As with virtually all activities and behaviors in the Victorian Era, American society developed a set of etiquette rules governing bicycling. One might suppose this list is about signalling (hand gestures) or riding in pairs for protection. You might be quite surprised to see the lengthy list of do’s and dont’s [sic] offered up in a vintage newspaper article from 1895, and in various magazines of the day.
In the third and final article about Nineteenth Century Ice Cutting, I share some of the highlights of the history surrounding a Boston entrepreneur’s ice company, both domestic and foreign. Historic sources share insights and facts that make ice a pretty cool subject to study! See vintage images of ice cutters at work.
Nineteenth Century Ice Cutting, Part 2 (of 3): Staged as the adventures (and discoveries) of a boy in New England in the late 19th century, Lawrence’s Adventures, published in 1871 in Massachusetts, is instructive and entertaining. One of the chapters focuses wholly on the process of Ice-Cutting, and I share this now public domain content along with era-specific images showing the process. The information about how ice companies actually cut the ice from frozen lakes to provide Victorian America with the tons of ice demanded during the spring, summer, and autumn to sustain perishable food, chill beverages, transport perishable food via train, and aid the sick.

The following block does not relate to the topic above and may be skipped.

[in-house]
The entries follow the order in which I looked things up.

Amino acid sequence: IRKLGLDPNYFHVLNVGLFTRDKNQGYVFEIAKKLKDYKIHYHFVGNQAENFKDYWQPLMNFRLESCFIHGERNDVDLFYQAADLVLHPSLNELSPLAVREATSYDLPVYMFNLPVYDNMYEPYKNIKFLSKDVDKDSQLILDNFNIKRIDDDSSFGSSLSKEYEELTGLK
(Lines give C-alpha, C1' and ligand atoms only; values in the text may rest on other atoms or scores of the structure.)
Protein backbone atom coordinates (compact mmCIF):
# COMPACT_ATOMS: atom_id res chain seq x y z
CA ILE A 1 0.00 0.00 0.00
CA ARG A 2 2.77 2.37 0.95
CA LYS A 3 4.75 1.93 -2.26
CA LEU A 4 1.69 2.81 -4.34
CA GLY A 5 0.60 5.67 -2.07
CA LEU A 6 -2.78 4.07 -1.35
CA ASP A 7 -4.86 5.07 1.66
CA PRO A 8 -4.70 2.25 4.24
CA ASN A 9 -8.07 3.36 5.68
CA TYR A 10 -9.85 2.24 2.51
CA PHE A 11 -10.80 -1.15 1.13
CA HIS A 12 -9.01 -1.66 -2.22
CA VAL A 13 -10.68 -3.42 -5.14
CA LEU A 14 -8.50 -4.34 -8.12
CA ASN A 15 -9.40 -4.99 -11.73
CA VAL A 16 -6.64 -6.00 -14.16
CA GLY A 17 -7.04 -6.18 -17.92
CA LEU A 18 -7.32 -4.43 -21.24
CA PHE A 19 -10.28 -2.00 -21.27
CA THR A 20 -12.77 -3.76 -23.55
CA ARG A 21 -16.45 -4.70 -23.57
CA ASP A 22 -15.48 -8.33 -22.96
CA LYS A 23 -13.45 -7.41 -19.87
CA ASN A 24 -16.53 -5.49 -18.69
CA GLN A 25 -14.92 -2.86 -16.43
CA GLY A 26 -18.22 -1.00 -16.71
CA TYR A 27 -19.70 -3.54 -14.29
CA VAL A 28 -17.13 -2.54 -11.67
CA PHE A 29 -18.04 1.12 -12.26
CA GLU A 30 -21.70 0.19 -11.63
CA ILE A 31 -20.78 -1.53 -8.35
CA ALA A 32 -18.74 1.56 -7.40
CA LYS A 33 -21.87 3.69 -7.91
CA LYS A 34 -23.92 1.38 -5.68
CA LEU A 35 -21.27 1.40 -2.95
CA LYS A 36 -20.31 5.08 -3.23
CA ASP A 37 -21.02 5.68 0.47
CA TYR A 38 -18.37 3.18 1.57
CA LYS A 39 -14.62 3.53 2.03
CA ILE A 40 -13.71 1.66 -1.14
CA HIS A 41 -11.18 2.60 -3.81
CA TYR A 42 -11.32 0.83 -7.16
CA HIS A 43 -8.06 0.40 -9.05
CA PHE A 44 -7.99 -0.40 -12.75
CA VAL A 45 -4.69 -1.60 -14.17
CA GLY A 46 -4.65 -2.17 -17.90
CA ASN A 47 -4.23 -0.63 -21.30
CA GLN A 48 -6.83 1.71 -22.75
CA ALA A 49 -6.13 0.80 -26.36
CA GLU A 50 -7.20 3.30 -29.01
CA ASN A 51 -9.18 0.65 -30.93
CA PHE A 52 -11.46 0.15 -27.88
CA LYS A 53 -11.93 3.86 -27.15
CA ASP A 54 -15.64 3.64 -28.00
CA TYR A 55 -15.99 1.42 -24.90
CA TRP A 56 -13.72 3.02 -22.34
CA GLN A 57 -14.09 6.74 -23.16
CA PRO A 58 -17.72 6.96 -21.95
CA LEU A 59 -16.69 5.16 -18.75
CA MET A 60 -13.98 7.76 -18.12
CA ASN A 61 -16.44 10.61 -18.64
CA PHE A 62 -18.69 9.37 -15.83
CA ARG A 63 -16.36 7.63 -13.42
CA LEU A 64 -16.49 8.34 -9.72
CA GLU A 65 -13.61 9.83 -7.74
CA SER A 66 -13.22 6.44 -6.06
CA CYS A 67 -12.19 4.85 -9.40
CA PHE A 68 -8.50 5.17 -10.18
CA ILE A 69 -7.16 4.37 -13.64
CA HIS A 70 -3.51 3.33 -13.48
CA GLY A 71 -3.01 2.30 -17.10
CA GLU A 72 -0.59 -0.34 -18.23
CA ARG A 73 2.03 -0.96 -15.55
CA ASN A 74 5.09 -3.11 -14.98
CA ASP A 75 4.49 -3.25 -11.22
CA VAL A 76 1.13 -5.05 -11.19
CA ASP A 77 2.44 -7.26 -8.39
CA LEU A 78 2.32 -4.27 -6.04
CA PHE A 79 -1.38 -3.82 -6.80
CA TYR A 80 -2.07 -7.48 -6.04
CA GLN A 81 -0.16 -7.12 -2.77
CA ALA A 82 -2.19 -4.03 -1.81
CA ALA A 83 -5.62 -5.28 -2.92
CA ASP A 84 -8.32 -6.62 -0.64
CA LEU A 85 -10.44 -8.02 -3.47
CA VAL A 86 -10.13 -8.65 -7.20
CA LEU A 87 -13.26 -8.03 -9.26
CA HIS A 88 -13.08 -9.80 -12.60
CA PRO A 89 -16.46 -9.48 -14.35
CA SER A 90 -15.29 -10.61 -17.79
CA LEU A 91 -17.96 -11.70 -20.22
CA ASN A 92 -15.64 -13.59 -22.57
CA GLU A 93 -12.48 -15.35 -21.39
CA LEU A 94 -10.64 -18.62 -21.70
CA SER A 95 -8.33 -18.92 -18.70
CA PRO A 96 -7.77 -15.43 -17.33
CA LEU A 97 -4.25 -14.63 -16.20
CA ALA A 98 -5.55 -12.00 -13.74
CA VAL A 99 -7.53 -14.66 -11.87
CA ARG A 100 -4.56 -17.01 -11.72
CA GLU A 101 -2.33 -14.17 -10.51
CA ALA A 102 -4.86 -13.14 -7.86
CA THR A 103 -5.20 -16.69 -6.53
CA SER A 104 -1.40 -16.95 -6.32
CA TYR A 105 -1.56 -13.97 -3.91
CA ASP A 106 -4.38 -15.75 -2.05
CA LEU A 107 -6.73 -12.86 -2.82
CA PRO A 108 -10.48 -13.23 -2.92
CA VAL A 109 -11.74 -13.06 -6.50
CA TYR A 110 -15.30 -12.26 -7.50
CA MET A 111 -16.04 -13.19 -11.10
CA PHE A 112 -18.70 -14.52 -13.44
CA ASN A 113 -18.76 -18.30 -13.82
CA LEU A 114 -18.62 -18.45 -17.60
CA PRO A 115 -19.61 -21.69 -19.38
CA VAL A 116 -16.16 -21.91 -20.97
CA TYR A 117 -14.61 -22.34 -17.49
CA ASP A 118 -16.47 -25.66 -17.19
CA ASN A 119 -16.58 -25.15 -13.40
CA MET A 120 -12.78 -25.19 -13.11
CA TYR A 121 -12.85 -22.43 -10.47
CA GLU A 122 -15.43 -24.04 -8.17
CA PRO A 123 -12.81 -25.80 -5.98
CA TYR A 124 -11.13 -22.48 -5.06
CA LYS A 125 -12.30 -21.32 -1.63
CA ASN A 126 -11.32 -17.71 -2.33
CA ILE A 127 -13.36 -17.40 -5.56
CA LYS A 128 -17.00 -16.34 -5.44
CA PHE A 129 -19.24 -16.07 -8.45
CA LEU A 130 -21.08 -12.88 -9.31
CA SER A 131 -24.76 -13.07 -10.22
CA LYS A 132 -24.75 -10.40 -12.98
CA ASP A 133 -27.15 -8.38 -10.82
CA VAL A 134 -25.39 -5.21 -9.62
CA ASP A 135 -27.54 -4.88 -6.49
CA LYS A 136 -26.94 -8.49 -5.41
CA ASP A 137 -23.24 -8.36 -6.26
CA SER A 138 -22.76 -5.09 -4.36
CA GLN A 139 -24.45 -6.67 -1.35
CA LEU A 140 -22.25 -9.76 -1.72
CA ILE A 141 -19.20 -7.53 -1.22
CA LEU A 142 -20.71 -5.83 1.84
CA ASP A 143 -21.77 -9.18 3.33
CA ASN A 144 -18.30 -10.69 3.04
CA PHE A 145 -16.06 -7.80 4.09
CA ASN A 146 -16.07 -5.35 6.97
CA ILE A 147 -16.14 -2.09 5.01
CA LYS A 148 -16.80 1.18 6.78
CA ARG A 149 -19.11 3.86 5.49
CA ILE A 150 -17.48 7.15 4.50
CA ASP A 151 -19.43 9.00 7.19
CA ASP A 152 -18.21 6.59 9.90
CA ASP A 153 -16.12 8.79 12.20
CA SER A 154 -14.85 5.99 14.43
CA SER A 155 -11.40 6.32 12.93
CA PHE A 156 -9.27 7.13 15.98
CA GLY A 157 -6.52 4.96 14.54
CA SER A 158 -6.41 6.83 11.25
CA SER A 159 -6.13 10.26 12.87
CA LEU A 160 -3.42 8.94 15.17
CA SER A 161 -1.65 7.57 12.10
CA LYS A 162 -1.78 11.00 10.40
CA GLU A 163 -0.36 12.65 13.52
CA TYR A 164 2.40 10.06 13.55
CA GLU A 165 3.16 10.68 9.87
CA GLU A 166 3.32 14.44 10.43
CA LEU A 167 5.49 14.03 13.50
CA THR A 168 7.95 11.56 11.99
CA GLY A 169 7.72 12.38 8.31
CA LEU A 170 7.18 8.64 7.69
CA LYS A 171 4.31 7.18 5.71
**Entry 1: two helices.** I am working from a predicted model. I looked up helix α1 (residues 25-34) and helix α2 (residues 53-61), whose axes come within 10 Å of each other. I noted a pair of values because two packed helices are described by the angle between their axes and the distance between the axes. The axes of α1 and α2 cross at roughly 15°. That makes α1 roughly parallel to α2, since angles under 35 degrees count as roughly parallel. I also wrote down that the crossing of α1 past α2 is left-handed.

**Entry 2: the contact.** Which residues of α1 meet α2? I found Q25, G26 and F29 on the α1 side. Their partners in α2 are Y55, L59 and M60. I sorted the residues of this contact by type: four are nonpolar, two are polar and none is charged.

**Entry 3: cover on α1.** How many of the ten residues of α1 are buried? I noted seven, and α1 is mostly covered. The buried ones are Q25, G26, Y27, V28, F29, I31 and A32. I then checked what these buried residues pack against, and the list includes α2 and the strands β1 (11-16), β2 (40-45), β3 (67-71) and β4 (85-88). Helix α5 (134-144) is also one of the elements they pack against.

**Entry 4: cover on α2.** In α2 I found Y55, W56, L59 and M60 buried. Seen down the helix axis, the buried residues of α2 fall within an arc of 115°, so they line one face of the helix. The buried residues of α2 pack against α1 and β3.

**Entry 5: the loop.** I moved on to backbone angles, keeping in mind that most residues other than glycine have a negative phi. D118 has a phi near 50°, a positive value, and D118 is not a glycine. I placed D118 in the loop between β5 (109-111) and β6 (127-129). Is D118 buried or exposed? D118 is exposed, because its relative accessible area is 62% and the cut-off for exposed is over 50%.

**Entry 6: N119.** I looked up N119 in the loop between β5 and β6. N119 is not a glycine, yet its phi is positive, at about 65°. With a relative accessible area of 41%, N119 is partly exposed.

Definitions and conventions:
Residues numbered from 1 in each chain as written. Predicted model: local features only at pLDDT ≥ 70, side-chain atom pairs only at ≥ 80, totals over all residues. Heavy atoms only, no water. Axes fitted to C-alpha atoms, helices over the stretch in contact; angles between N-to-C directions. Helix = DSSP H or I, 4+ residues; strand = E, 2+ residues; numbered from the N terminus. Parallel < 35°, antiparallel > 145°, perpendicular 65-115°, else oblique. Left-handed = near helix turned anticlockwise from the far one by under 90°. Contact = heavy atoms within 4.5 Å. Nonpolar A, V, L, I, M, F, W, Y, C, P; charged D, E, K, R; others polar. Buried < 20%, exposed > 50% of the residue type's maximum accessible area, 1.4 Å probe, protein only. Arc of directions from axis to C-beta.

Victorian-era Americans enjoyed holidays–filled with patriotism, fun, remembrance, religion, and fashion. Halloween began far earlier than the 19th century, when All Hallows Eve was a sacred, religious observation. Come catch a glimpse of our Victorian American ancestors’ fun with Halloween: “Hallowe’en Cake” and its fortune telling methods, parlor games filled with superstition, phrasing for party invitations, historical cabinet cards of Victorian Halloween costumes, and more!
Throughout the 19th century, ladies undergarments remained quite similar. Drawers (or bloomers), yesteryear’s most related item to today’s panties, ranged from knee- to ankle-length, were constructed of various fabrics, and were held up by a button or drawstring, with an open crotch.
Item listings in vintage catalogs and magazines illustrate the standard items available via mail-order throughout the United States Victorian era.